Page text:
Bishop Victor Gnanapragasam OMI
By Francis D’Almeida
Death came suddenly to Bishop Victor Gnanapragasam, the Apostolate Vicar of the city of Quetta, in the mountainous southwest Baluchistan region of Pakistan. Warned in travel advisories as an unsafe region, Baluchistan is often engulfed in bloody conflicts. In 2013, Bishop Victor, as he is affectionately known, narrowly escaped death when a bomb exploded near his residence. However, he suffered injuries. In another gruesome attack, a suicide bomber killed eight and injured 44 worshippers in a Roman Catholic church in 2017. As recently as on 3rd January, 2021, 10 coal miners of the Hazar tribe of the Shiah Islamic faith were abducted and executed in the region, in what was claimed to be the work of ISIS. Despite such a perilous state of affairs and travel restrictions imposed by the army owing to an Army cantonment nearby, Bishop Victor committed himself unreservedly to serve the church and the poor. He did so without considering religious differences in a place where the majority are Muslims. The Bishop’s unexpected demise at the age of 80 caused much grief among Catholics and the general public. Hundreds gathered at his funeral, paying floral tributes. The death of this noble servant of God serving beyond the age of retirement is an irreparable loss to the Catholic Church in Pakistan and to his Congregation of the Oblates of Mary Immaculate. However, Bishop Victor’s exemplary legacy will remain for long, prompting many young people to follow in his footsteps to proclaim the good news in dire circumstances.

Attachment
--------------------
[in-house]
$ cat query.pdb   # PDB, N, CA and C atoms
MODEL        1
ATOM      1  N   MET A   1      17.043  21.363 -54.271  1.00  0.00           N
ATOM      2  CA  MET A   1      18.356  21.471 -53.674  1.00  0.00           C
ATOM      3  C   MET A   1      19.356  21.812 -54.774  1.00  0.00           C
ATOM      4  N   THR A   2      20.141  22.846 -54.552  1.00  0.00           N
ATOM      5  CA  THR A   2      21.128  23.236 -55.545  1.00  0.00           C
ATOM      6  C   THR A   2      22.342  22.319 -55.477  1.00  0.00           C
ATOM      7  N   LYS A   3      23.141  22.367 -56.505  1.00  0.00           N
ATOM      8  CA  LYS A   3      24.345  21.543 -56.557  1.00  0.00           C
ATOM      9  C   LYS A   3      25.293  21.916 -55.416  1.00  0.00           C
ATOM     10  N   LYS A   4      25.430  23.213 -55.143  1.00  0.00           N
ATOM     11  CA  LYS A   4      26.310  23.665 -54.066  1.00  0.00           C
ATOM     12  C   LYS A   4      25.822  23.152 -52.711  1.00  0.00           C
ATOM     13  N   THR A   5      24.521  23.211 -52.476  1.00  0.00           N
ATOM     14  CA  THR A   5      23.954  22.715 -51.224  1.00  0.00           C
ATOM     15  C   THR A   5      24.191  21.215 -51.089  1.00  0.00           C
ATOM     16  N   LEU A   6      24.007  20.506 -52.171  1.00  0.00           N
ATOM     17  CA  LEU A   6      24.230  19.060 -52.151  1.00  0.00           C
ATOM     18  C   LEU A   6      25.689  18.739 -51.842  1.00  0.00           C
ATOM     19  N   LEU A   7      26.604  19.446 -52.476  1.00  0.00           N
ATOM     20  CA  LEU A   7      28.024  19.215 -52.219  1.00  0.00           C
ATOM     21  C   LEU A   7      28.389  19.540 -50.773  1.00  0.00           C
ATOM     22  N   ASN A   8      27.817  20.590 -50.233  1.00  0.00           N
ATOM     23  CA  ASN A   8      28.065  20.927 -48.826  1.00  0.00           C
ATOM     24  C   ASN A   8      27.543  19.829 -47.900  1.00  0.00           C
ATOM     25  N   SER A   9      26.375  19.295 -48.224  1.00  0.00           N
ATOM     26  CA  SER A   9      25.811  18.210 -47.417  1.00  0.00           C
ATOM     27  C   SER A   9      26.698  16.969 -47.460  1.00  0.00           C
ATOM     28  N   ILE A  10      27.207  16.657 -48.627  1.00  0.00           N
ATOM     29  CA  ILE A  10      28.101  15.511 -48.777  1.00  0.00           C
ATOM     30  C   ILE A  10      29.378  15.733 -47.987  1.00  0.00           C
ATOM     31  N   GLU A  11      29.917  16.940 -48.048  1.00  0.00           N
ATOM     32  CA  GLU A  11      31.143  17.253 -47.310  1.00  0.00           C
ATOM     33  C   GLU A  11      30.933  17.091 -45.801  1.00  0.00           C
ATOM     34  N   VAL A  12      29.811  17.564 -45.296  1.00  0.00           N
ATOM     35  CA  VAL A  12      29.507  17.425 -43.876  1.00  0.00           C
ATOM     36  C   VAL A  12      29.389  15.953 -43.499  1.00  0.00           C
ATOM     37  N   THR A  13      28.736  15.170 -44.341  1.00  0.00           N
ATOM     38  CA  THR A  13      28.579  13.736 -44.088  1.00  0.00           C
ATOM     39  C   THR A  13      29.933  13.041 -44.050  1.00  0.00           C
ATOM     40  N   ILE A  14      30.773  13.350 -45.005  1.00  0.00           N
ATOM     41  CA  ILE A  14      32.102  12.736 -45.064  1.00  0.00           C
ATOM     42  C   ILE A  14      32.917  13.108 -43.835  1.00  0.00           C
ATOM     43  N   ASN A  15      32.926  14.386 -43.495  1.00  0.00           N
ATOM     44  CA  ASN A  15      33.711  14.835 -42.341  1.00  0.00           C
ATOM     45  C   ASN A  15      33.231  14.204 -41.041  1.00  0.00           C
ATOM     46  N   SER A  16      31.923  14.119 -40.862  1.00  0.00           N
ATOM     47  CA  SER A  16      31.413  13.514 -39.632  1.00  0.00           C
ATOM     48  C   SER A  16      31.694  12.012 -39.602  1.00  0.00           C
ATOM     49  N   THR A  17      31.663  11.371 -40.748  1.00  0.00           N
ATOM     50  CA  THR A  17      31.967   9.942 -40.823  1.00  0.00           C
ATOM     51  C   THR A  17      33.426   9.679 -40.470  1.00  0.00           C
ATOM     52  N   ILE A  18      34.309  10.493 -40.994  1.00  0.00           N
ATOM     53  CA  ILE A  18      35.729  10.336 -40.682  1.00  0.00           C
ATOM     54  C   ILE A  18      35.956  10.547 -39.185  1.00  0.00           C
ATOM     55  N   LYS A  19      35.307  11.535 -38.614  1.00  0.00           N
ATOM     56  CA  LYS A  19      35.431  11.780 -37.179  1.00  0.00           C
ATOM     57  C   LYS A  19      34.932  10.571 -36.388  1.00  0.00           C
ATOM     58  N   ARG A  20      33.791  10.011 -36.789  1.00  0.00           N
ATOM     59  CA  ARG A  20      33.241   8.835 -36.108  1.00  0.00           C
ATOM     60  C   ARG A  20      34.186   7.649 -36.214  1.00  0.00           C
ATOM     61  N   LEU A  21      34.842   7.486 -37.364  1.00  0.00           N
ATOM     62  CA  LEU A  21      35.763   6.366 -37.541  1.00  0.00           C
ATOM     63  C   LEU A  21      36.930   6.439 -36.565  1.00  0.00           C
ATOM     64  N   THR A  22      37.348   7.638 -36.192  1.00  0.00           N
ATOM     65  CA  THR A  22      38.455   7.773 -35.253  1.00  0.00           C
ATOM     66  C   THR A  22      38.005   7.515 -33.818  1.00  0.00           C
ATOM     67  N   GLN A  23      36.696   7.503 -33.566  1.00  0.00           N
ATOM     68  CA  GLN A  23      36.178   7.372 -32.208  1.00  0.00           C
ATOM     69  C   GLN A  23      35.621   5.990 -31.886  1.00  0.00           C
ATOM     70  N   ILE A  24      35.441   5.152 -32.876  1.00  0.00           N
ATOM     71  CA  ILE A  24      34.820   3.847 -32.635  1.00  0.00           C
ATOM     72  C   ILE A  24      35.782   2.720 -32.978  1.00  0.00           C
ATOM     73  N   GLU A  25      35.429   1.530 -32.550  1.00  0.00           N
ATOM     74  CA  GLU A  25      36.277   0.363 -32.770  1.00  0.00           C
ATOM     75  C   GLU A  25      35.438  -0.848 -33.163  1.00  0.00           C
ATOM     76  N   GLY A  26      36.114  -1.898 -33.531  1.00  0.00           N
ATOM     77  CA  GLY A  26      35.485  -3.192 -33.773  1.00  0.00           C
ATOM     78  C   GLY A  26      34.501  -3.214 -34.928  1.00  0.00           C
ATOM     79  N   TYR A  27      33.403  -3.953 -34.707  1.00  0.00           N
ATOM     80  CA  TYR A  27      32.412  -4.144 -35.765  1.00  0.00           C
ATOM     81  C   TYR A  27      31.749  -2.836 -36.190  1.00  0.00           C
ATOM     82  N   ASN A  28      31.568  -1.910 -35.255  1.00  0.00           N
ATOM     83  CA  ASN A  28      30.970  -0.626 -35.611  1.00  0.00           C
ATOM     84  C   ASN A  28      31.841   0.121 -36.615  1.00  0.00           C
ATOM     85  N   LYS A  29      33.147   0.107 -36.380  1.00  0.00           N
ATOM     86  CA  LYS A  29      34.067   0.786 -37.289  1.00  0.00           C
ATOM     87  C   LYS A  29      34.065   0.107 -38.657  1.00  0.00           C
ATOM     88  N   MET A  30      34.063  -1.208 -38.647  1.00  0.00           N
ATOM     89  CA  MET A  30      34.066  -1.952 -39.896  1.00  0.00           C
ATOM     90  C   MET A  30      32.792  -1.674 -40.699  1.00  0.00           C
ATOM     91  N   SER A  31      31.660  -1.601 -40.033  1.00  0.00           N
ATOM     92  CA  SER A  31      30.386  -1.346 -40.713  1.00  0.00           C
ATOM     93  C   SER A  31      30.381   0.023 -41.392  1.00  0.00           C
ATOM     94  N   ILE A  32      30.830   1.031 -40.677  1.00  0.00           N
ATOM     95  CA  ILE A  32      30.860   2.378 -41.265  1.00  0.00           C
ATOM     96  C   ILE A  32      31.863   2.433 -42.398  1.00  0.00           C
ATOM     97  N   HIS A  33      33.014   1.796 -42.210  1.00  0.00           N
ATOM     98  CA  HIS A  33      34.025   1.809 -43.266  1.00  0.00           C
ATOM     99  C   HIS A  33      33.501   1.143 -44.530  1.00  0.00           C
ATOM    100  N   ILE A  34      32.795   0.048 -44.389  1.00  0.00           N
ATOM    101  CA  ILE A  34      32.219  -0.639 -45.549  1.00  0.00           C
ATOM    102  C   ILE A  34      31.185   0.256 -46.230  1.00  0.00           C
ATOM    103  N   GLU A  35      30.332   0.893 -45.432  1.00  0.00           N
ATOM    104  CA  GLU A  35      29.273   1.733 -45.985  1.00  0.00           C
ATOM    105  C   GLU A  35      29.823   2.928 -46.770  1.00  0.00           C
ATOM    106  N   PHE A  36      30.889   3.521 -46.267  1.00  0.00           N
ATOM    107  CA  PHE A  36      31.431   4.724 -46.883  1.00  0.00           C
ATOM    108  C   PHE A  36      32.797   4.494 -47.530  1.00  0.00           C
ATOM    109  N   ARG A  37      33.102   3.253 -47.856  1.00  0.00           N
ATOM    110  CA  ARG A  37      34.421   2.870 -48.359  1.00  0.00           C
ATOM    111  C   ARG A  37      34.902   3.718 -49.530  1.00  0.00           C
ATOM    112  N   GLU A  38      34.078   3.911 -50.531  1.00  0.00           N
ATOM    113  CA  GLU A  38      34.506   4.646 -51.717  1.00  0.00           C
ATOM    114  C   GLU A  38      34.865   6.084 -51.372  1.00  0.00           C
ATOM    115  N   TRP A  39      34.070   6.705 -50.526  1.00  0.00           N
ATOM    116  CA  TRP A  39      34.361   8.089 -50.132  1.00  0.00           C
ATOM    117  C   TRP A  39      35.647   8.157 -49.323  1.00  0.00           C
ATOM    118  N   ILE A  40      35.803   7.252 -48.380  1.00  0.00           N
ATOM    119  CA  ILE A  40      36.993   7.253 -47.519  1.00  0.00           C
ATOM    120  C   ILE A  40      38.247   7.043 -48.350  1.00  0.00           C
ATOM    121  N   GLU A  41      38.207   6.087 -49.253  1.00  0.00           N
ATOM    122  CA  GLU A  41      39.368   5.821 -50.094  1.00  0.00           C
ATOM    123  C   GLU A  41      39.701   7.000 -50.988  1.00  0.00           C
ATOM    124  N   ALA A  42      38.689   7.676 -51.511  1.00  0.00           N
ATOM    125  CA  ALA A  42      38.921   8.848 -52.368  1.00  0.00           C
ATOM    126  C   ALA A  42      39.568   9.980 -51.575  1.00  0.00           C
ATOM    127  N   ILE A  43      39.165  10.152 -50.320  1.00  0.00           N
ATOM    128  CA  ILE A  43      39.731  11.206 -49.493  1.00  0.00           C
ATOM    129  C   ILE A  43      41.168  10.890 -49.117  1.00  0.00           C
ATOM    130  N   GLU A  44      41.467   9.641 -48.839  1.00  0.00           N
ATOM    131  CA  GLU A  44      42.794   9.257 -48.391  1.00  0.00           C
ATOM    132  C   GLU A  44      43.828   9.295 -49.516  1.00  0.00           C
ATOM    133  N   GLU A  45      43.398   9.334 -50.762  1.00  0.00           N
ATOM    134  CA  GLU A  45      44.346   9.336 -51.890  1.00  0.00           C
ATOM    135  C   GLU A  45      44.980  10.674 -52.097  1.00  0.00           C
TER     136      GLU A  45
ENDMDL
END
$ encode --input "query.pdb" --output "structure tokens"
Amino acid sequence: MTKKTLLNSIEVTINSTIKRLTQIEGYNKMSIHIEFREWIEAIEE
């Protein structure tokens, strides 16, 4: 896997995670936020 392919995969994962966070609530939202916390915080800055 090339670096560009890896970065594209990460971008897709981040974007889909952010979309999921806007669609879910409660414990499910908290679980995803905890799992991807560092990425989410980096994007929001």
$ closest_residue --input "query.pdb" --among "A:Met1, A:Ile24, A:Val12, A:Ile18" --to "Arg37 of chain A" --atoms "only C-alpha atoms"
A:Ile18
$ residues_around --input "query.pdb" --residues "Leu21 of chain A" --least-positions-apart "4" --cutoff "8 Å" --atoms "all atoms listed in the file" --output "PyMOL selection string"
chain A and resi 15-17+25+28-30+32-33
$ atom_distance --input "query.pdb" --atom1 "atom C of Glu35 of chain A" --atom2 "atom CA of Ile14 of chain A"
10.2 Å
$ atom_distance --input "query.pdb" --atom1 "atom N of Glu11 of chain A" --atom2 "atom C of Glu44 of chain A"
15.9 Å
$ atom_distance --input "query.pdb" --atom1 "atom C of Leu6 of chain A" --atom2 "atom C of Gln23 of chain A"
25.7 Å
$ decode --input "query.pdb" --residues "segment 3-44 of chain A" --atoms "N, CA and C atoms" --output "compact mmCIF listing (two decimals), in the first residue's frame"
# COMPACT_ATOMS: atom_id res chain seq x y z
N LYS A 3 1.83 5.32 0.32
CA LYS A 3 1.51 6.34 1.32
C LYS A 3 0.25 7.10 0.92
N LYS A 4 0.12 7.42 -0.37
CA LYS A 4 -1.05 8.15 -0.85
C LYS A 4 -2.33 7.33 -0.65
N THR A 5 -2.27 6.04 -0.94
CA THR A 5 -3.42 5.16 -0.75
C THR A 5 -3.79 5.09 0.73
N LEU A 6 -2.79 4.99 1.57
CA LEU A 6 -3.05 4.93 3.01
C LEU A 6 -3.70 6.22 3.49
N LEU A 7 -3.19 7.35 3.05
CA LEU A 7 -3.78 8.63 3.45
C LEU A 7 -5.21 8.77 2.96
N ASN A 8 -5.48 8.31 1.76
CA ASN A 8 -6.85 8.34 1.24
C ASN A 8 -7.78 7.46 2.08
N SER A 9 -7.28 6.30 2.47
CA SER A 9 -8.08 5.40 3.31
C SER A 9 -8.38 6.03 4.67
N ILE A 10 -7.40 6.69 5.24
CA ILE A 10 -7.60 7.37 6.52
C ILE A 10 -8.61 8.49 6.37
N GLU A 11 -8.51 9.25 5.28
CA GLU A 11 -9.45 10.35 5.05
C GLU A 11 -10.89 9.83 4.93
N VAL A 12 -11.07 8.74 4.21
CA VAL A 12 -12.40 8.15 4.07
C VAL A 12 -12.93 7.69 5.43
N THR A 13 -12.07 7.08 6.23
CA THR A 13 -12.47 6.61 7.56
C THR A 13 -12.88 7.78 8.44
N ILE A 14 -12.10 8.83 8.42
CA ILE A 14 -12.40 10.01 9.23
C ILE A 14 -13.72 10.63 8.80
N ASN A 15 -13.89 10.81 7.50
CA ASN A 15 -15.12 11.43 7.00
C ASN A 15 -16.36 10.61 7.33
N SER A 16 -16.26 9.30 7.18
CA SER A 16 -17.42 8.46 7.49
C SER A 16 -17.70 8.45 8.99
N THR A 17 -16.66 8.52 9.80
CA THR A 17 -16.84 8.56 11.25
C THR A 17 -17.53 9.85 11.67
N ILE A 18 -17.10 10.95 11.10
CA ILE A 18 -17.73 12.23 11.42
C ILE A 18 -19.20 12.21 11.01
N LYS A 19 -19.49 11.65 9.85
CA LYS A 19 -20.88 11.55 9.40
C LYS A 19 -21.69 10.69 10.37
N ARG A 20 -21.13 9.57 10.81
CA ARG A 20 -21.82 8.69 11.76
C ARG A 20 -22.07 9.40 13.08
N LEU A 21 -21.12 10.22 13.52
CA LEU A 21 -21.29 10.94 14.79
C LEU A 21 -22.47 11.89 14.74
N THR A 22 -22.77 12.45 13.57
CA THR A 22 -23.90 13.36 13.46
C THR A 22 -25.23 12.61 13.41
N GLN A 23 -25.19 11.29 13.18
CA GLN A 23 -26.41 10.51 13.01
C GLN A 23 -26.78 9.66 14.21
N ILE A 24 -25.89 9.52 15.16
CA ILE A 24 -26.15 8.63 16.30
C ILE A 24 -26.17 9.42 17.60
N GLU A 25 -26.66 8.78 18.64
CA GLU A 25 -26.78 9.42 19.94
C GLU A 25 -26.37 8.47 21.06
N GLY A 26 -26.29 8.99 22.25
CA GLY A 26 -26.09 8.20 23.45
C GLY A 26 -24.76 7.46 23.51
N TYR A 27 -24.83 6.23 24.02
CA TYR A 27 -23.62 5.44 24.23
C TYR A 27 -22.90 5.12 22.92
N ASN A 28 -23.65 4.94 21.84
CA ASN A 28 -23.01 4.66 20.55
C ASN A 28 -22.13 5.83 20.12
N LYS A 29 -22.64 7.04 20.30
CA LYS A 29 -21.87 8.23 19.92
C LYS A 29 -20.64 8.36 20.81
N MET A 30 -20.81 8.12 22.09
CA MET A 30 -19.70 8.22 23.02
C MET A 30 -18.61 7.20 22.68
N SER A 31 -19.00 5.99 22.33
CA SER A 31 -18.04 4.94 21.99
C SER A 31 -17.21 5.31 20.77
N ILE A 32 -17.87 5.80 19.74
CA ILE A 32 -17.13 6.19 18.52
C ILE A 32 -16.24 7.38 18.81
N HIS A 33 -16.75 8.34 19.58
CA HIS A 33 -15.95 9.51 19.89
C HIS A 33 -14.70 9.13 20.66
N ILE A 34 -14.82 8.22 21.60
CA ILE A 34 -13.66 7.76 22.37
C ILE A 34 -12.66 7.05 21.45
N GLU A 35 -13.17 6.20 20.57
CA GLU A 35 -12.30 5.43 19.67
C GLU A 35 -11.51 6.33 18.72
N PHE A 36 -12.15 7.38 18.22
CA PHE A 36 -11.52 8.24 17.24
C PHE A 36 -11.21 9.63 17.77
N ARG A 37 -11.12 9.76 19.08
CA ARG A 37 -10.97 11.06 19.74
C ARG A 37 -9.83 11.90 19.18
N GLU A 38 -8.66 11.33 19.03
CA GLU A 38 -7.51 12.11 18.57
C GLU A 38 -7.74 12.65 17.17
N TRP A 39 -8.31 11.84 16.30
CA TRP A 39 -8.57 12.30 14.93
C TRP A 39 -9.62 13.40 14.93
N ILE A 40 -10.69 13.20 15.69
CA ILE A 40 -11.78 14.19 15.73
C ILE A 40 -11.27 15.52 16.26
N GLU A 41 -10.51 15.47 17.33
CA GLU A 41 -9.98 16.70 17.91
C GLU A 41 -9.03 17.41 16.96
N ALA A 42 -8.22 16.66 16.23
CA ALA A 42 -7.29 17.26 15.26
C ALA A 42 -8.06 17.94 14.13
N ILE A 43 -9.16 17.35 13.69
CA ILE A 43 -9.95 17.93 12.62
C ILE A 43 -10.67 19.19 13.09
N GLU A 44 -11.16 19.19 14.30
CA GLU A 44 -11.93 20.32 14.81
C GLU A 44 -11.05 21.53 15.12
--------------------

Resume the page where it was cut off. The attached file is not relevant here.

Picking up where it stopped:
Perhaps only a few here might have been aware that a Sri Lankan Catholic Bishop toiled in another Asian country and that he too belonged to the Oblate Congregation. Back in 1982, the Sri Lankan Provincial Delegation was requested and responded positively by sending missionaries and thus, several OMI priests are now ministering in Pakistan. It is noteworthy that there are five Catholic schools in the Baluchistan Province to educate children of the neglected region.
Tracing history; Bishop Victor came from a devout Catholic family of six siblings. His two sisters became Apostolic Carmelite nuns with Rev. Sr. Laurinda becoming a school principal and Rev. Sr. Helen entering the nursing profession and now serving in a hospital in Lahore in Pakistan. His elder sister, Mrs. Anthonypillai became a mathematics teacher at St. Patrick’s College, Jaffna. Of the two brothers, Mr. Susaithasan worked at Baurs and died while playing football for his Company. His other brother, Mr. Jesuthasan, rose in the advertising profession to become a guru in the field, under whom I served as a creative director. It was at his residence that I had the privilege of meeting Bishop Victor, who impressed me by his utter simplicity. His mother, under the care of nuns in Wennappuwa, lived to know that her son was being consecrated as a Bishop on her 98th birthday. She died six months short of one hundred years.
Bishop Victor had his early education at St. Patrick’s College, Jaffna, and joined the OMI Seminary in Kohuwala, from where he daily attended school at St. Peter’s College. After secondary education he was sent to the Kalutara Novitiate and thereafter, to the National Seminary in Ampitiya – to be moulded for the priestly ministry. He was ordained in December 1966 and served first as the parish priest at Nilaweli, and thereafter as a member of the Oblate Preachers Team in Jaffna. It was then that the call came inviting him to serve in Pakistan, which turned out to be a life-changing milestone for him.